DGA Funds Competing Military SatCom Studies
PARIS — The French arms procurement agency, DGA, said Sept. 7 it had contracted with France’s two satellite prime contractors to conduct competing one-year studies on a next-generation military satellite communications system to succeed France’s Syracuse 3 network in 2019.
, a French-Italian contractor headquartered in Cannes, France; and Astrium Satellites of France, Britain and Germany, will examine designs for what DGA for now is calling the Comsat NG system.
DGA said Comsat NG will include X-band, Ka-band and EHF payloads and could be part of a cooperative effort with Britain or Italy or both. The two studies will be assessed in early 2013 with a view to proceeding with Comsat NG, DGA said.
France’s two Syracuse 3 military telecom satellites were launched in 2005 and 2006. A third satellite had been planned but was scrapped in favor of a joint program with Italy. Italy and France are now sharing the cost of building and launching a Sicral 2 satellite that will carry separate French and Italian payloads in SHF and UHF frequencies. Sicral 2 is scheduled for launch in late 2013 or 2014.
The two governments also have joined forces to build a dual-use Ka-band broadband satellite called Athena-Fidus for French and Italian civil and military use.
Astrium Satellites’ corporate sibling, Astrium Services, owns Paradigm Secure Communications of Britain, which owns and operates Britain’s Skynet military communications satellites under a long-term contract. Three Skynet 5 satellites have been built and launched by Astrium under this contract, and a fourth is scheduled for launch in 2013.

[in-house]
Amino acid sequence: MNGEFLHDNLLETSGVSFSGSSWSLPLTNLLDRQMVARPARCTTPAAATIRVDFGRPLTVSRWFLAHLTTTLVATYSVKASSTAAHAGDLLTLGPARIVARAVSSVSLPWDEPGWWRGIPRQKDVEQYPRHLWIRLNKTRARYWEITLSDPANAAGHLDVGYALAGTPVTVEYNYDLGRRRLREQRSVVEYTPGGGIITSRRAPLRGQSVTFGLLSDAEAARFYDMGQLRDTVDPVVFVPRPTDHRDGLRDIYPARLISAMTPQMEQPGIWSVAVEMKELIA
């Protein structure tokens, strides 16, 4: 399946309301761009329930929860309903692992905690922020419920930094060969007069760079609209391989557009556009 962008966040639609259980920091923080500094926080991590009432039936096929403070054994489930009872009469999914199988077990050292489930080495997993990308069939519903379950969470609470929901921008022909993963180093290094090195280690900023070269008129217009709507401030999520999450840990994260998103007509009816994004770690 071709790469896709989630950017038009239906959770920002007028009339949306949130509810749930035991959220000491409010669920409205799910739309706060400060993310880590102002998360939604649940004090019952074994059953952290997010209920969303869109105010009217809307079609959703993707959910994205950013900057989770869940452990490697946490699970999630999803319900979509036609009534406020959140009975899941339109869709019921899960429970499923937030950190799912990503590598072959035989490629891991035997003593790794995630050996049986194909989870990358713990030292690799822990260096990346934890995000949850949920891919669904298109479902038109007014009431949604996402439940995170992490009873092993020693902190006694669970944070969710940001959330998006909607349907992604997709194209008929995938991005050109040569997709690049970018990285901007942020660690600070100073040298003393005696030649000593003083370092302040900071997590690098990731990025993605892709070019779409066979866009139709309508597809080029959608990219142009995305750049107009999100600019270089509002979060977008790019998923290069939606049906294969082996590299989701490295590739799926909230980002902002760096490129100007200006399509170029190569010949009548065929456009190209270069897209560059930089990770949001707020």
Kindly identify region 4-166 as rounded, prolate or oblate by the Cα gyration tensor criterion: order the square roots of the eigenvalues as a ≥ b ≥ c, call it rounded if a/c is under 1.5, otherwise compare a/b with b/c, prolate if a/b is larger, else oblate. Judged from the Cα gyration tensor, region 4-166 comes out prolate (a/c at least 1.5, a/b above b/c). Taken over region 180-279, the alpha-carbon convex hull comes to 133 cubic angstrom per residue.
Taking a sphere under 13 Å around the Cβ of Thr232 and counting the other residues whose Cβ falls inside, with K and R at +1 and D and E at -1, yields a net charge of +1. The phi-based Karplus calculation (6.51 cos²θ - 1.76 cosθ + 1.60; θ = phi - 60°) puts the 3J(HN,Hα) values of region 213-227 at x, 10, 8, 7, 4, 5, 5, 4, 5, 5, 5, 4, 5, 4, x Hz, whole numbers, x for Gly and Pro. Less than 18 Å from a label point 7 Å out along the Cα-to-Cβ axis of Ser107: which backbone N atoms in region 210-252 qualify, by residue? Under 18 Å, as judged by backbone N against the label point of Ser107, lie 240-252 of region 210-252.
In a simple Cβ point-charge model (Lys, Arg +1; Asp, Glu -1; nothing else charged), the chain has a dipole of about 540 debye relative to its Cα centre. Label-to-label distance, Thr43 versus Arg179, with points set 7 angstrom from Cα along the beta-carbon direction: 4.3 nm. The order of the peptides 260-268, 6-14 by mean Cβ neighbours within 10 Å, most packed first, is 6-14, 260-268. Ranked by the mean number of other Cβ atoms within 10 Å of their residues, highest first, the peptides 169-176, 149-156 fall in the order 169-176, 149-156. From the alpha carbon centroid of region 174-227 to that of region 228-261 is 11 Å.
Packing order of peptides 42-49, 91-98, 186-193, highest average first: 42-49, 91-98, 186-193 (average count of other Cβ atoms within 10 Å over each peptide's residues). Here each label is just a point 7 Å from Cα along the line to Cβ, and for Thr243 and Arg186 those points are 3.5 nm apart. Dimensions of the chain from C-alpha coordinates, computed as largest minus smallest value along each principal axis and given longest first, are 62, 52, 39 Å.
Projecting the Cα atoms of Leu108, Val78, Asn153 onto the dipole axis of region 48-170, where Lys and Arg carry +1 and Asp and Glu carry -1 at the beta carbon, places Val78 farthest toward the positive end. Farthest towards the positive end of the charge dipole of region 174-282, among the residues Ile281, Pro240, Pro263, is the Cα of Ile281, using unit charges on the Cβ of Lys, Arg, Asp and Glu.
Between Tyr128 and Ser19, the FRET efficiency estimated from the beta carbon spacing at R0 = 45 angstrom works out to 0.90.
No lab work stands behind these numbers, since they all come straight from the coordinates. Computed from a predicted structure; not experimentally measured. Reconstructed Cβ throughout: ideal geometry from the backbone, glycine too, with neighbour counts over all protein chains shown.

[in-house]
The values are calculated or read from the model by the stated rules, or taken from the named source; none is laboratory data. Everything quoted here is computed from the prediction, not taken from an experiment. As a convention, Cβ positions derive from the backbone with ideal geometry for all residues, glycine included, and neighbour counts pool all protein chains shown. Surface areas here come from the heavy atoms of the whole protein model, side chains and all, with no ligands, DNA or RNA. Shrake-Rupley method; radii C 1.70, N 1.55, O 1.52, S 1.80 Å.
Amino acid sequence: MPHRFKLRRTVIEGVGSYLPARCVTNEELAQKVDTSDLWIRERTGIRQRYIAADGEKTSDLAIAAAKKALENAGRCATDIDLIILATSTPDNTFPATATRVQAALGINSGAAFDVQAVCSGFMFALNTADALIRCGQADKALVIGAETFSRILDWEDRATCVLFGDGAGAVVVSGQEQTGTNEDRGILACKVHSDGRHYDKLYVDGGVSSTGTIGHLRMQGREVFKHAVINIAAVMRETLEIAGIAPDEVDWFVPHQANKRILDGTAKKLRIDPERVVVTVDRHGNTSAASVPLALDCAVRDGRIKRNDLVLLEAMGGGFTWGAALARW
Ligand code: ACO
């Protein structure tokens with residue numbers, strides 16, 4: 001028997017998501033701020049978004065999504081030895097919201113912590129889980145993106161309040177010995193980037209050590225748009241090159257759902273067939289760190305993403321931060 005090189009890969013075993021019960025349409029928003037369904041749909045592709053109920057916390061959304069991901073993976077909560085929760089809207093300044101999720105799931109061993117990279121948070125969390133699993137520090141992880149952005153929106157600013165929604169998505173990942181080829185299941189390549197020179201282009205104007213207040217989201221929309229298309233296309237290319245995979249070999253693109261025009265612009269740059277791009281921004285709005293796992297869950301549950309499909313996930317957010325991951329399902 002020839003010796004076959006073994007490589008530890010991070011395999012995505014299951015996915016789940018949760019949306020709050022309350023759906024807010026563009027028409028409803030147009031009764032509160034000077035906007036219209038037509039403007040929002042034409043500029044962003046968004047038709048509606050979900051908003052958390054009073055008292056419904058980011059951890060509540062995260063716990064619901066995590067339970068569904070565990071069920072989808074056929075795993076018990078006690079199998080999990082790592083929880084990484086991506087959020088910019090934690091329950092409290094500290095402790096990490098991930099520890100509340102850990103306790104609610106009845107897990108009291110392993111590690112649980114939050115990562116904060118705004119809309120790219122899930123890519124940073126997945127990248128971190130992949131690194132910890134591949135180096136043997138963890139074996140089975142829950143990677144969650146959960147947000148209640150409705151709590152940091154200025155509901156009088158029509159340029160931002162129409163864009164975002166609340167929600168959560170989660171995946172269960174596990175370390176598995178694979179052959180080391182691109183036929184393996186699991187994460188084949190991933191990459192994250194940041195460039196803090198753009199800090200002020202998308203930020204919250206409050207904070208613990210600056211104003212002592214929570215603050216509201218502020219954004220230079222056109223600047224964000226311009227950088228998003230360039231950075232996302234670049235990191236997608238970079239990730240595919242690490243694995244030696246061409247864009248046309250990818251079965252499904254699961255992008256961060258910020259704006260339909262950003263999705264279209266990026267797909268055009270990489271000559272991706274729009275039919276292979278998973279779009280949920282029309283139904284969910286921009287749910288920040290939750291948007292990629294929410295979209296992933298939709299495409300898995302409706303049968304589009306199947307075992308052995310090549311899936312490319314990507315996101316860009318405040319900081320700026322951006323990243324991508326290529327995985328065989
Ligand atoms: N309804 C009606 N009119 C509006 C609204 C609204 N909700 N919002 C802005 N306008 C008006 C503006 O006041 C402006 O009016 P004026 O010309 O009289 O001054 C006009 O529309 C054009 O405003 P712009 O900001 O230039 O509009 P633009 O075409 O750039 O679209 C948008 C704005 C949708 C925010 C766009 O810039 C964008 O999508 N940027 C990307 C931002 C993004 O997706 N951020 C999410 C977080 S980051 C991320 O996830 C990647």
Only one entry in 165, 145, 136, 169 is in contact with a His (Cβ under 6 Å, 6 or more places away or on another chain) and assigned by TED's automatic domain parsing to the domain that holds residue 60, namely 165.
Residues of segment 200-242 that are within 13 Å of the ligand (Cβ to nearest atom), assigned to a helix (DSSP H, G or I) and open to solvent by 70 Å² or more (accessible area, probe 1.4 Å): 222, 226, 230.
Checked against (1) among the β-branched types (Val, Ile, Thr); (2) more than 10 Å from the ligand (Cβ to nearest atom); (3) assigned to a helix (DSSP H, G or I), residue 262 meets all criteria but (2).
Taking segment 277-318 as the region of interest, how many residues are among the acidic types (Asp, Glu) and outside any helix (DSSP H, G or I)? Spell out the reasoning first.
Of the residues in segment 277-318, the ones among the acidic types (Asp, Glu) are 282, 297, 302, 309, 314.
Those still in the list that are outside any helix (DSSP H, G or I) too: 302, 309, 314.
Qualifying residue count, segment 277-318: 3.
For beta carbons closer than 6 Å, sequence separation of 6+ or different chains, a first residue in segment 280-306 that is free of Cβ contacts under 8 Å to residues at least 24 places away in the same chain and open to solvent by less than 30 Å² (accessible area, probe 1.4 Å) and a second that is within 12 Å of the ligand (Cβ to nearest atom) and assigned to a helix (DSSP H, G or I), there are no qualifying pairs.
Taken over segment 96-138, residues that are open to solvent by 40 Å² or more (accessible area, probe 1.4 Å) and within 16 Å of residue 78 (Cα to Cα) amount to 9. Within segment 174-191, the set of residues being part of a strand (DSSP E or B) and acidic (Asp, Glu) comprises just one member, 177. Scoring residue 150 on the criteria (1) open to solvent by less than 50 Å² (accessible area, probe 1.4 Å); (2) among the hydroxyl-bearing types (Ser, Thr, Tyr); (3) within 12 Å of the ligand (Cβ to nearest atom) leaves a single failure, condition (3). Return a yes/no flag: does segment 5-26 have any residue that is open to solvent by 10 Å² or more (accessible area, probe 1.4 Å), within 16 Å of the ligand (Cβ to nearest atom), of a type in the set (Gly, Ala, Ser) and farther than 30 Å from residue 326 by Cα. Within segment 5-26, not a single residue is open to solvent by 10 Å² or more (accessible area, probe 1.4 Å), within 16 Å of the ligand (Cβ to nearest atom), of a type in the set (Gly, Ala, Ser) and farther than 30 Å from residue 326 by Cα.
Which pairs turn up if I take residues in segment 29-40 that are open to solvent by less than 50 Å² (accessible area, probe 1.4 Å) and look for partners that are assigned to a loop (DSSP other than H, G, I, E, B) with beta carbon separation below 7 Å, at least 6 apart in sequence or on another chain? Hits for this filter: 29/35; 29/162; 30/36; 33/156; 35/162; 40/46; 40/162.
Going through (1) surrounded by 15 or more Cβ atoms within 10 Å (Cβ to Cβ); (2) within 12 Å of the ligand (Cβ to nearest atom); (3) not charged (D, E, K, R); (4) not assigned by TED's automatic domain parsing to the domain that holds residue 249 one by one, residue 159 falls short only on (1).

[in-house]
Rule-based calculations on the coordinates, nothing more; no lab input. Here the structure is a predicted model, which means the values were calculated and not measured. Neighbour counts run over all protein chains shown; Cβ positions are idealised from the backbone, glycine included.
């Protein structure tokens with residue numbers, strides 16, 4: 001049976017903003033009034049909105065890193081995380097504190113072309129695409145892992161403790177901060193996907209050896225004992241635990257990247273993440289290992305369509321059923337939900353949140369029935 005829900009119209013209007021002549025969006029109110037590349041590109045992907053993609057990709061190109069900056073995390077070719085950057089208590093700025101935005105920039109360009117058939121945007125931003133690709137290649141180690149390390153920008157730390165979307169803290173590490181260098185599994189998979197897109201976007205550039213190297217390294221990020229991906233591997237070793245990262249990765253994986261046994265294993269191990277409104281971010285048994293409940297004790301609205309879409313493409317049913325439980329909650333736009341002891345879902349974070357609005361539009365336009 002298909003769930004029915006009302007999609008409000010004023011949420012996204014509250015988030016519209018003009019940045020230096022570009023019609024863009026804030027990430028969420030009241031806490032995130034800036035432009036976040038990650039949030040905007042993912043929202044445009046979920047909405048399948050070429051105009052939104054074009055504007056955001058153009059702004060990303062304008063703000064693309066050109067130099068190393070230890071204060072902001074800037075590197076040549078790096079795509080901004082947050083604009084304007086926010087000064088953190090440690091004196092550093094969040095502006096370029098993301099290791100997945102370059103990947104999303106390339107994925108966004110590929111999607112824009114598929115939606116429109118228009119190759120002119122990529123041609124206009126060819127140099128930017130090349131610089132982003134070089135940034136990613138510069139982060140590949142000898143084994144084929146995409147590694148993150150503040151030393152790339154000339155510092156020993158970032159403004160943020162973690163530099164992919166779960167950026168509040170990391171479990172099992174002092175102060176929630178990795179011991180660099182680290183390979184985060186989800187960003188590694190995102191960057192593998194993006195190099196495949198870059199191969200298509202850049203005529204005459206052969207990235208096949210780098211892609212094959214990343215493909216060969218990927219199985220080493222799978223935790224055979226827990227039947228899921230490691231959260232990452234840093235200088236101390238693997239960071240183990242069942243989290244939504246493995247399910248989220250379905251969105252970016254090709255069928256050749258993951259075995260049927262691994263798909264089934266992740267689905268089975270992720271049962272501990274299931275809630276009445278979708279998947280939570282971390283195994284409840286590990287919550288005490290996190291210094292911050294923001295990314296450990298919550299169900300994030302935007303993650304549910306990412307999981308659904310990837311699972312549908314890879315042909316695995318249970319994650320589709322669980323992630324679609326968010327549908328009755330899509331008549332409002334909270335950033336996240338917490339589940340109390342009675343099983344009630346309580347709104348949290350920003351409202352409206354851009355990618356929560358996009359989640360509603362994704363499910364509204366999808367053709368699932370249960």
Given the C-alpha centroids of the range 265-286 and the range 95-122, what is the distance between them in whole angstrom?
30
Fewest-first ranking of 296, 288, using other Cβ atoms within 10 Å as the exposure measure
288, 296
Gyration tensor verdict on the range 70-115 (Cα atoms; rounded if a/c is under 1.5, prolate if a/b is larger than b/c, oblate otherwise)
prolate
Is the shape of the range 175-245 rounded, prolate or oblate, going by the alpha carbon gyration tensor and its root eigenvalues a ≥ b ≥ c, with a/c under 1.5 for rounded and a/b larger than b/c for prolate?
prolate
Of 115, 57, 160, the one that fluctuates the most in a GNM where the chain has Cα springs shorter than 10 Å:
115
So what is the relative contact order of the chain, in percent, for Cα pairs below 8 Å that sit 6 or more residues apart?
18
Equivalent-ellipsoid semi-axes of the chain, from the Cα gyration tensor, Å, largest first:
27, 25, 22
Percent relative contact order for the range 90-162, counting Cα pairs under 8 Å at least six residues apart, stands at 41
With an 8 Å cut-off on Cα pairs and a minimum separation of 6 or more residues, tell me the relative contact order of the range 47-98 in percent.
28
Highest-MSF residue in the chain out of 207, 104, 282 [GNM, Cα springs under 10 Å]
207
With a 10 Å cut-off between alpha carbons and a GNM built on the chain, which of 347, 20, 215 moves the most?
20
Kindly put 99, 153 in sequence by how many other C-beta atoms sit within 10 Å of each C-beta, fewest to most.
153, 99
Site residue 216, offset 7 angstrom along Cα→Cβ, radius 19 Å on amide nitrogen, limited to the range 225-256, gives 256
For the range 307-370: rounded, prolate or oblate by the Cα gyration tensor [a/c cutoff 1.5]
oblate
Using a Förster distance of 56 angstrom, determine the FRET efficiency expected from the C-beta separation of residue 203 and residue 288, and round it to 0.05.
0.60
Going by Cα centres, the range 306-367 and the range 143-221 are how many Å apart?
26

Britain, France and Italy joined together to win a contract from the NATO alliance to provide military satellite bandwidth. Italy’s contribution was its Sicral 1 and Sicral 1b satellites.
French military officials for years have debated whether to copy the British model and sell the Syracuse 3 system and then lease capacity from the satellites’ new owner. Thales Alenia Space, which is prime contractor for the current Syracuse 3 satellites and the future Sicral 2, had expressed interest in the sale-and-leaseback scheme, as had Astrium Services.
In early 2012 French authorities decided to scrap the idea. France’s new administration, which assumed office in May and June, has not expressed an opinion on whether Syracuse ultimately should be privatized under a contract that would guarantee the government a certain amount of satellite bandwidth, with surge capacity available when needed.
DGA said the two studies should include “technical and industrial-organization options with a view to optimizing costs.”